Collector Danny Garcia says Inquirer worth more than news
CAGAYAN DE ORO CITY—The room where Danny Garcia and his wife sleep looks like any other room shared by two people who have been together a long, long time.
There is a wide bed on one side. A lifetime of odds and ends lie idly in places. A dresser loaded with the bits and pieces of daily life stand in a corner. There are stacks of books on several Monobloc chairs.
There is a certain smell in the room, however, that is a little out of place. Filling the air is the smell of newspapers. Plenty of newspapers.
The smell of printing ink and aging newsprint, like that of newborn puppies, is unmistakable, and it comes from the copies of the Philippine Daily Inquirer stacked more than 2 meters high in three columns at the foot of the couple’s bed.
Oddly, the newspapers themselves look like they were carefully stacked just that morning. Unlike the dusty piles of old newspapers sitting in somebody’s garage and waiting for the junkman, they are free of dust, mold and mildew. The newspapers, some brownish, look like cherished books neatly kept in a bookcase and just as loved.
“Those copies are from 2009 onward,” Garcia said, pointing to the neat stacks of copies of the Inquirer.
“I had many, many more but I lost them to ‘Sendong’,” he said, referring to Typhoon “Washi,” which struck northern Mindanao in December 2011, killing at least 1,080 people and displacing thousands of others.
By “many, many more,” Garcia meant that he had been keeping almost every issue of the Inquirer since, well, the paper was founded in the last days of December 1985, just before the Edsa People Power Revolution.
Lost in ‘Sendong’
Before 2009, Garcia had been keeping the copies, in stacks 3 meters high and more than 7 meters long, in a wooden shack beside their concrete, two-story house in Bulua village here.
He said he almost wept when the floods generated by Sendong swept away his collection.
“I thought they would be safe there, protected by a thick door,” Garcia said. “But they are gone now. They are irreplaceable.”
Garcia, who has been working as a draftsman at the city engineer’s office, gets the Inquirer from a favorite vendor, spending P142 a week. He has probably spent a fortune buying the Inquirer all these years, he said, but he does not mind.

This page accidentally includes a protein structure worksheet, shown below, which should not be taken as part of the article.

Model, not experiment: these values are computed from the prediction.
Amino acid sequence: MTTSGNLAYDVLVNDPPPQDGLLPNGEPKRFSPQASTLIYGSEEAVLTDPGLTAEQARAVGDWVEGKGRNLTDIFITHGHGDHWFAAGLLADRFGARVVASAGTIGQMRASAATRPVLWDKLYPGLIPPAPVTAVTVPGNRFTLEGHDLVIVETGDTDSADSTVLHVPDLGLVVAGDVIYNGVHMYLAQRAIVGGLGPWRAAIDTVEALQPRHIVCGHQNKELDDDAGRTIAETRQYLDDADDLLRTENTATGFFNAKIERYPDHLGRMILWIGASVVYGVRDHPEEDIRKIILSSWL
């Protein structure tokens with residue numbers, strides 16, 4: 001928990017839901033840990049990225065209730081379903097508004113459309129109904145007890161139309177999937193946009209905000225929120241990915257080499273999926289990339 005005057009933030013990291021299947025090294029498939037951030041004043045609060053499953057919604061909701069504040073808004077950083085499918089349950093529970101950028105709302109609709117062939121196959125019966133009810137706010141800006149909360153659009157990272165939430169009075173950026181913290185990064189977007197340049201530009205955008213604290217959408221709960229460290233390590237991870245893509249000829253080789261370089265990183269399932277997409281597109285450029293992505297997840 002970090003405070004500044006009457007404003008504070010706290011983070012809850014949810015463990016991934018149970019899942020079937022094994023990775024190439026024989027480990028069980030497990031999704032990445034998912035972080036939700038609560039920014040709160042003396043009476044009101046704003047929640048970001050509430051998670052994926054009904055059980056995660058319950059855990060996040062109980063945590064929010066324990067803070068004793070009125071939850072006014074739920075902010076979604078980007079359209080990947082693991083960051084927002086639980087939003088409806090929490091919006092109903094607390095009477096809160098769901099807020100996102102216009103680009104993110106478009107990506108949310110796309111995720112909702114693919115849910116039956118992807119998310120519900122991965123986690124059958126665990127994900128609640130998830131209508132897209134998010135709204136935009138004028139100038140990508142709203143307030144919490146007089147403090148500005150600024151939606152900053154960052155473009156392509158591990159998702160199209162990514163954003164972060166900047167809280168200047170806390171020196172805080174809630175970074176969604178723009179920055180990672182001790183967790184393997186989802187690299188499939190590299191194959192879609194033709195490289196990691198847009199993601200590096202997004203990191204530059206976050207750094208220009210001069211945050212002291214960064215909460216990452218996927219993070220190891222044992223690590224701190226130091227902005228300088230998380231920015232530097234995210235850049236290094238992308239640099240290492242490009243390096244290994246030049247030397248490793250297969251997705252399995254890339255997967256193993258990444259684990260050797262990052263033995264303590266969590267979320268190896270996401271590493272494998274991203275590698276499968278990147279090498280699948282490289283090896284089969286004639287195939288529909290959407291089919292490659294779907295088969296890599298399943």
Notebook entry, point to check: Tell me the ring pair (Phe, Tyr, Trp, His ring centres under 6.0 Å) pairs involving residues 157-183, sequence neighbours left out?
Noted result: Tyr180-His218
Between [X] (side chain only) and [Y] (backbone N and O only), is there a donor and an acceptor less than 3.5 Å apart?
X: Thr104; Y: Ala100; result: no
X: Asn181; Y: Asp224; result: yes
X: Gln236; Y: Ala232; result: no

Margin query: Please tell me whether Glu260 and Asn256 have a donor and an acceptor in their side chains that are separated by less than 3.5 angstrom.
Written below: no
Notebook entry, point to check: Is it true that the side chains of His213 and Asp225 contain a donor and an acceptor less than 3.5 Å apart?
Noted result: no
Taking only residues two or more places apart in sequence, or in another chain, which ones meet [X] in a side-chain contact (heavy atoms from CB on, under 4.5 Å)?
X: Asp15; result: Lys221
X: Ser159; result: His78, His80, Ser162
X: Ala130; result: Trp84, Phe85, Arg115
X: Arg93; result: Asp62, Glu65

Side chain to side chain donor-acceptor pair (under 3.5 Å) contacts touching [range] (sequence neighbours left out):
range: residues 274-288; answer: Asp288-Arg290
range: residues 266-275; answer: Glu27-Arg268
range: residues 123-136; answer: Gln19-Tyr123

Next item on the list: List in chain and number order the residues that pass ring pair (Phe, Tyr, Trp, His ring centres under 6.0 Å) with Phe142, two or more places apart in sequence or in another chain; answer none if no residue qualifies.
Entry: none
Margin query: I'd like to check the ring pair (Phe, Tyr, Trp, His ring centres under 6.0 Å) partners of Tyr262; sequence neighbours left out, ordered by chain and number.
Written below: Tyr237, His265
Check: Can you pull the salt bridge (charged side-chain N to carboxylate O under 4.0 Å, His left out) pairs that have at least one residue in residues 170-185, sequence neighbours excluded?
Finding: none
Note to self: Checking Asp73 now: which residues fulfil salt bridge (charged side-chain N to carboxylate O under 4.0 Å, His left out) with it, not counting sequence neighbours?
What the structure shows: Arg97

He said he kept the copies because, aside from reading each issue cover to cover, he rereads each story periodically, especially reports that he really finds interesting and those that he finds useful.
No TV, Internet
According to Garcia, he doesn’t watch the news on television or browse the Internet. He finds all the information he needs in his Inquirer collection.
“The Inquirer is my reference for every issue that I think matters,” Garcia said.
An Adventist deacon and a leader, Garcia regularly gives talks at his church on controversial issues, such as the reproductive health law and the environment, enriching his discussion with knowledge acquired from reading the Inquirer.
Once, he said, he was one of several speakers and his presentation was the only one that drew applause from the listeners.
“That was such an encouragement for me,” he said.
Garcia’s name has appeared in the Inquirer. He wrote a letter to the editor that was published on March 16, 1991. Titled “Devil’s Device,” the piece was about the controversy surrounding the death from hazing of Ateneo law student Lenny Villa.
Writing to leaders
Learning much from reading the Inquirer, Garcia sometimes feels he must write to some of the people in the news.
“I have written (US) President (Barack) Obama, (Russian President Vladimir) Putin. I have also written the Pope,” he said.
Of the three Popes he had written to, though, only Pope Benedict XVI replied, he said. “The Pope wrote me back, thanking me for writing and he enclosed P81, as he just celebrated his 81st birthday,” he said.
“I wrote him back to thank him for the four P20s and one P1 coin,” he said, smiling.
Over the years, Garcia has developed the habit of following certain reporters and opinion writers, like Amy Remo and Randy David. “I keep their stories in separate folders,” he said.
He used to clip stories that he particularly liked but found that newspapers with portions cut out do not keep well and lose their form. Now he comes to the office early to photocopy news stories from the Inquirer and file them.
Part of their lives
Garcia’s wife of 37 years, Ammabelle, smiles and shrugs when asked about her husband’s newspaper collection. She says she has always known him as a newspaper reader.
“He reads his newspapers every night till about 2 in the morning,” she said. “That’s how much he loves them.”
“It was irritating at first, all those newspapers lying around,” Ammabelle, a nurse, said.
“But I understand that it is part of his life, so now it is part of mine, too,” she added.
Garcia’s passion for reading, and reading the Inquirer in particular, has rubbed off on his family.
“My wife reads the lifestyle and entertainment pages, and my two grandchildren do the crossword puzzles with me,” he said.
Asked what attracted him to the Inquirer, Garcia said he had always liked how the paper looked. “Neat columns, no clutter,” he said.
“I guess that comes from my being an engineer. I always look for balance,” he said. “I also love the friendly, lyrical style of its writing.”
Garcia loves his newspapers so much that he keeps the bedroom padlocked when he or Ammabelle is not around.
“I will never sell them, even if somebody offers me $1,000,” he said. “They are like magic to me.”
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